Hold school goals, kids have to learn to cope first

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Dr Deborah Pino-Pasternak… “I would put the academic side of learning during these difficult times as my second priority.” Photo: Nathan Schmidt

STARTING school is a big transition for the whole family and there are things parents can do to make sure the early days of schooling aren’t anxiety generating, says education professor Dr Deborah Pino-Pasternak.

“There is something around the motion of preparation, but I wouldn’t like families to think there are these big things they should be doing to put some children at a certain advantage,” says the associate professor of education at the University of Canberra.

For families it can be beneficial to plan out the new daily routine, including rehearsing the walk to school. But it’s not a one-size-fits-all, says Dr Pino-Pasternak. 

One of her biggest tips is just communication.

Talking to children and creating an environment where they feel safe to talk about their feelings, including any nervousness they might feel, is important, says Dr Pino-Pasternak. But, it’s not just children that parents should be communicating with. 

“The thing we tend to forget is if we establish a positive relationship with the educators of our children, they are an amazing source of knowledge and support,” she says.

“And, for children knowing that their parents trust their teachers and see them as experts and people with authority gives them a sense of safety that they’ve been left in a place with figures that are trusted by their family members.”

Parents can also access online resources for information on early childhood schooling, such as the Raising Children Network. Or, for families interested in research studies, there is the Australian Institute of Family Studies. 

The ACT government’s Education Directorate also has resources for families, including for those who are doing remote learning.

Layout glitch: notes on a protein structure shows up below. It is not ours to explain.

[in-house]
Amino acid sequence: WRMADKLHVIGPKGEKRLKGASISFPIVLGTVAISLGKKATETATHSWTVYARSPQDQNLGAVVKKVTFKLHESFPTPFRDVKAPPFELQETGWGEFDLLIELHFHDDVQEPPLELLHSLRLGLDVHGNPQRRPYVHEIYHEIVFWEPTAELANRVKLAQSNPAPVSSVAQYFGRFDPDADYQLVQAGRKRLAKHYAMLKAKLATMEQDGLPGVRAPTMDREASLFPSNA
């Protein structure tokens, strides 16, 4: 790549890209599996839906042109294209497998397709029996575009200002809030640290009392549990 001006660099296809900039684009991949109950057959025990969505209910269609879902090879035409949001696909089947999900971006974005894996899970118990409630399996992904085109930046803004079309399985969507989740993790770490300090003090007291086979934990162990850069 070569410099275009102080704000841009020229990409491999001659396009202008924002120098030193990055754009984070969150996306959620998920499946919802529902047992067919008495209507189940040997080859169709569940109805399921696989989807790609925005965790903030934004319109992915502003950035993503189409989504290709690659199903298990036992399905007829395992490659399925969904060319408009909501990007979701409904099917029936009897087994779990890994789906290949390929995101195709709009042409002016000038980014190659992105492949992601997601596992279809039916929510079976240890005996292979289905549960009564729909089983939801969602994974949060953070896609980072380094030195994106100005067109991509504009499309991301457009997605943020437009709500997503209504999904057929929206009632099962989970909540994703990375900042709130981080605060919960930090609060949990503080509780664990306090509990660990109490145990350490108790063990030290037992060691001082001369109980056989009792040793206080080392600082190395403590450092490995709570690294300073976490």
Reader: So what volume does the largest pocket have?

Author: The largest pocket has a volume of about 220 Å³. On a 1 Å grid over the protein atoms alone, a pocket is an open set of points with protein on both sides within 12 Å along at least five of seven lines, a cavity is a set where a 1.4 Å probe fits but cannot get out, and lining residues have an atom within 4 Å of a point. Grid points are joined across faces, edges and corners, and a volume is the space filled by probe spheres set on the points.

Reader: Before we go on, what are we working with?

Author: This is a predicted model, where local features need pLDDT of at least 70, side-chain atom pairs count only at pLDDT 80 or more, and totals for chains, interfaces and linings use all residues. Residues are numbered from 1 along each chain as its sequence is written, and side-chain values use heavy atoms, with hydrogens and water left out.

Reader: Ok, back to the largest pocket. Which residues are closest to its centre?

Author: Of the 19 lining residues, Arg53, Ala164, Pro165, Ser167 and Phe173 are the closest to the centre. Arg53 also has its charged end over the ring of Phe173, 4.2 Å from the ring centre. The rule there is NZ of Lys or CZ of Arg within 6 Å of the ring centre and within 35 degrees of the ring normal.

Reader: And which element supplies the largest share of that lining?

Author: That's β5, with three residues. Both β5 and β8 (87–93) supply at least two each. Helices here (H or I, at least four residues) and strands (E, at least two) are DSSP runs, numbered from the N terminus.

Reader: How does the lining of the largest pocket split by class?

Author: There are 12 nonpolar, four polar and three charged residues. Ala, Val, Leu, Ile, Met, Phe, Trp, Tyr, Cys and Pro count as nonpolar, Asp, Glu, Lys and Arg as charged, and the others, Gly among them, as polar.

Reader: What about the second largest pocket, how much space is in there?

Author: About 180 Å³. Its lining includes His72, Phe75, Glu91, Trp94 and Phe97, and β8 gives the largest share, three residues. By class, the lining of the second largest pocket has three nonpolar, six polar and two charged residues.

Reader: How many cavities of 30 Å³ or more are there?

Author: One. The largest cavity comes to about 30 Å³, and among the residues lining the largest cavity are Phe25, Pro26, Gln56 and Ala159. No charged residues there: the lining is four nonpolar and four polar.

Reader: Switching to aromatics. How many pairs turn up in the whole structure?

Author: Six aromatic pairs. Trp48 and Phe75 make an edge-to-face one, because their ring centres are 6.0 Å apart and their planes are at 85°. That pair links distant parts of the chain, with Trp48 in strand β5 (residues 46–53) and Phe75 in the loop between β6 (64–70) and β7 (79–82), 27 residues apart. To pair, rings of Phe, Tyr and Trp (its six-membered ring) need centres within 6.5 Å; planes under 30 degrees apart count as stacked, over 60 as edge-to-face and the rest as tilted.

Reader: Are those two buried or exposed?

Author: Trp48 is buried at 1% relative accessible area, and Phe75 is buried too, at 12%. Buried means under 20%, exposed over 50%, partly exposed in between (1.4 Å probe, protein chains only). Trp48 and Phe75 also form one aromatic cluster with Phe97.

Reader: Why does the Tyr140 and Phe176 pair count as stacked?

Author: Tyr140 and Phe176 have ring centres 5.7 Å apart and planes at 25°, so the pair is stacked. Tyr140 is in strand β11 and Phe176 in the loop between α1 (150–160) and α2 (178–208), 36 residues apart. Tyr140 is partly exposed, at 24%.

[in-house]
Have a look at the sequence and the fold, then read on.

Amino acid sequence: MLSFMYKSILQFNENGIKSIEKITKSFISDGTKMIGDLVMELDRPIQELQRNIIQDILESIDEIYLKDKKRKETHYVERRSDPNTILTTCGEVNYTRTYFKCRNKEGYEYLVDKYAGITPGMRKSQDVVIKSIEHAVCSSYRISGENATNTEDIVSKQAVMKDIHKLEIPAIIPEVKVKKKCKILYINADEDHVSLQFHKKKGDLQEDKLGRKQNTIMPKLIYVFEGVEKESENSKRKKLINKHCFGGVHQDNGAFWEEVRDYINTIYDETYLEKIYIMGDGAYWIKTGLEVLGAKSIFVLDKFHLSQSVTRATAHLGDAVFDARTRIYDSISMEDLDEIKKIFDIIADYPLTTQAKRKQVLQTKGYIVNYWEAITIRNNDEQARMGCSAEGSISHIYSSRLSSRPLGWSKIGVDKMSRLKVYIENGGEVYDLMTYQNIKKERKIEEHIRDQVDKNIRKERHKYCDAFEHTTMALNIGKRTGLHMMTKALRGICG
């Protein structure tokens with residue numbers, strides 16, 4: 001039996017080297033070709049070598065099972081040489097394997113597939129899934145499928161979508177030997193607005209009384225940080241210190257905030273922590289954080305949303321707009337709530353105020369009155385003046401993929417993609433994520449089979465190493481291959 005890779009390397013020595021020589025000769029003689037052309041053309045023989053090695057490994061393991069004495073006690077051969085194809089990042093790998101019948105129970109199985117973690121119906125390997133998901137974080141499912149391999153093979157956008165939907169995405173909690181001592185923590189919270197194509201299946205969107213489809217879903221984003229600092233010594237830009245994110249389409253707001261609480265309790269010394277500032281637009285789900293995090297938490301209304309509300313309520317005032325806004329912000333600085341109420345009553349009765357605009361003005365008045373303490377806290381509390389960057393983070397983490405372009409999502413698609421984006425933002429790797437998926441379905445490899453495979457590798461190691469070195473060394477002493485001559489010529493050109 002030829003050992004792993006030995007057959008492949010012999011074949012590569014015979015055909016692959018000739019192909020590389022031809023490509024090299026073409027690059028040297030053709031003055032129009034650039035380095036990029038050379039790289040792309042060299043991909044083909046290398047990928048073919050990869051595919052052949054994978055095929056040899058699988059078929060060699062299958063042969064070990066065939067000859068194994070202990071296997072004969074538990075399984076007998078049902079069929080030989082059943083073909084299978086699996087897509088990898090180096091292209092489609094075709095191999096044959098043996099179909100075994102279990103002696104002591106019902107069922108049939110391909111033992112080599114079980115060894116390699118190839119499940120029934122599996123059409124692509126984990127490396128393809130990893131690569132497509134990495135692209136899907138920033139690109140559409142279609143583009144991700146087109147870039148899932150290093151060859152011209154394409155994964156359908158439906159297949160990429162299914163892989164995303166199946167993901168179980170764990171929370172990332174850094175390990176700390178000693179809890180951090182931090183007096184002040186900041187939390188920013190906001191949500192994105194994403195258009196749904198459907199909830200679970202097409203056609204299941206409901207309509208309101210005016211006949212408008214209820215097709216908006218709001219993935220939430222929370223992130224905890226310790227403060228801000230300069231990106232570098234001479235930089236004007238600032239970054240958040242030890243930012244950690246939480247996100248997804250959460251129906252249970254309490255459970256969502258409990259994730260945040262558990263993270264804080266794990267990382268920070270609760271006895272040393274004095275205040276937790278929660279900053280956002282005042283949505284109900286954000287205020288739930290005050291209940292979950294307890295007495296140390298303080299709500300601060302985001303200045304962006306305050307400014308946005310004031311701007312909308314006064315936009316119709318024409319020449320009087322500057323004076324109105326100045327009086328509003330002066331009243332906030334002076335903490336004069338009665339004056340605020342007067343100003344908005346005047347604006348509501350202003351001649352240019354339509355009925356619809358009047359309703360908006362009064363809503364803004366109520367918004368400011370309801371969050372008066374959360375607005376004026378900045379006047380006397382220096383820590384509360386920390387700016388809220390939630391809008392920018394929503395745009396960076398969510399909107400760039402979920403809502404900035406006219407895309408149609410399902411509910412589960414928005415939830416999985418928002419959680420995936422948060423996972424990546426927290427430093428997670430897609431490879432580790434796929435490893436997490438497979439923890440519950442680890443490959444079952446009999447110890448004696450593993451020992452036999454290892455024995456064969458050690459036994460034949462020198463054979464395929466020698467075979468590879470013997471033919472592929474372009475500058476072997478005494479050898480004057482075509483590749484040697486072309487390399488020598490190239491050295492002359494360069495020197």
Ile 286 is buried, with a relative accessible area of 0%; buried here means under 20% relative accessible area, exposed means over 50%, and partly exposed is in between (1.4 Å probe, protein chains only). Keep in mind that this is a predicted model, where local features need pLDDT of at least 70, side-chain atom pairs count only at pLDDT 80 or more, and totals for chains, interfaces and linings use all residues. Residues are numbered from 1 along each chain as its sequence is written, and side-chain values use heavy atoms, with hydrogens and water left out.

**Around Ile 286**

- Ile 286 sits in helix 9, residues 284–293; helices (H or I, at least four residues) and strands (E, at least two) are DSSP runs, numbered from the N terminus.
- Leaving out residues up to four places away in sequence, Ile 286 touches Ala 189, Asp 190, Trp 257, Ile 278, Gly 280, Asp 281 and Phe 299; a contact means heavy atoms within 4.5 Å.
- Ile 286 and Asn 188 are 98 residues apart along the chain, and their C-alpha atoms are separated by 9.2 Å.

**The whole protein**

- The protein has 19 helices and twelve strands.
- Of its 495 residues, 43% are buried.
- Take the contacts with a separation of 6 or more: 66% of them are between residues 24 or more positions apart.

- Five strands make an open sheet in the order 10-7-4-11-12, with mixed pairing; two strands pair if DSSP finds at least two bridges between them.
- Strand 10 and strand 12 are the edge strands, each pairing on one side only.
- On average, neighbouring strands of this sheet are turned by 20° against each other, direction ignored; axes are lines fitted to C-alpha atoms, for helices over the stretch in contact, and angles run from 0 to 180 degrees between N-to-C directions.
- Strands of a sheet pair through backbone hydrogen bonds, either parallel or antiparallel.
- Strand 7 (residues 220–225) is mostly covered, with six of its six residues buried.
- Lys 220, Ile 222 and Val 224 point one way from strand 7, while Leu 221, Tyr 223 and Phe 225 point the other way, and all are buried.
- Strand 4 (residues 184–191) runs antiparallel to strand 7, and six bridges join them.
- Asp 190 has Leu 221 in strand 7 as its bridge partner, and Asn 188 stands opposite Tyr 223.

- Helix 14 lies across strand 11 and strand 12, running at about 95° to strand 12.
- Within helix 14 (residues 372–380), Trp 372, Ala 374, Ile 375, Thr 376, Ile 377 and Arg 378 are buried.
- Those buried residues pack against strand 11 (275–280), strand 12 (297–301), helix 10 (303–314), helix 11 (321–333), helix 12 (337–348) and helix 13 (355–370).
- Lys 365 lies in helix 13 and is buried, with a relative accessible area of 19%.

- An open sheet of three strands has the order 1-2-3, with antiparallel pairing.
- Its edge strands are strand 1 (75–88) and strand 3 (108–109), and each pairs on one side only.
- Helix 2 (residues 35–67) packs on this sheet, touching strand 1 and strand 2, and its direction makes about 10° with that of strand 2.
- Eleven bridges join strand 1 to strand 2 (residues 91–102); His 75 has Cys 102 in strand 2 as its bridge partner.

For children struggling to make friends, Dr Pino-Pasternak recommends a strategy that involves problem solving children’s social skills. 

“Sometimes we fail to think of things we can teach,” she says. “We tend to attribute [issues of socialising] to personality; my child is withdrawn, my child is shy or my child is an extrovert, as if it was a trait. As opposed to thinking there are things we can do to help children.” 

Children who are struggling on the playground should be encouraged to ask a teacher for help finding someone to play with and to not be dismayed if they are rejected, Dr Pino-Pasternak says. 

If a parent sees their child is constantly talking about two or three people, they should introduce themselves during pick up/drop off and exchange phone numbers with other parents to facilitate contact, Dr Pino-Pasternak says.

“But, one thing that I would not recommend would be to orchestrate situations where your child has not had a voice and not had a say in whether this is something they’d like to do or not,” she says.

“It’s a facilitating role. But, a facilitating role that comes from being responsive to where your child is, and understanding for some children this process is not just a couple of weeks, it can be a few months before they finally find their own space.”

Dr Pino-Pasternak says it’s likely this year will continue to be disruptive for educators, children and, of course, parents. But, it shouldn’t be something to be afraid of, she says. 

“It seems almost impossible sometimes when you’re overwhelmed and stressed but trying to think what my child is actually learning from this is things like the power of community and solidarity,” she says.

“They’re learning about responsible decision making and how to be a socially responsible citizen through all these health-related practices. This is good learning if we are able, as much as we can, to frame it in that positive light.”

Parents should foster a safe and relaxed environment at home and understand that academic education amid these disruptions is not everything.

“I would put the academic side of learning during these difficult times as my second priority,” Dr Pino-Pasternak says.

“If [children] are not in a position where they are ready to learn, that has an impact not only on their cognition but in their social behaviours.

“If we can invest in helping children understand where they are behaviourally and emotionally, then we learn to understand what the signs are that they are not coping. 

“That’s where the heaviest investment from families should be at this stage.” 


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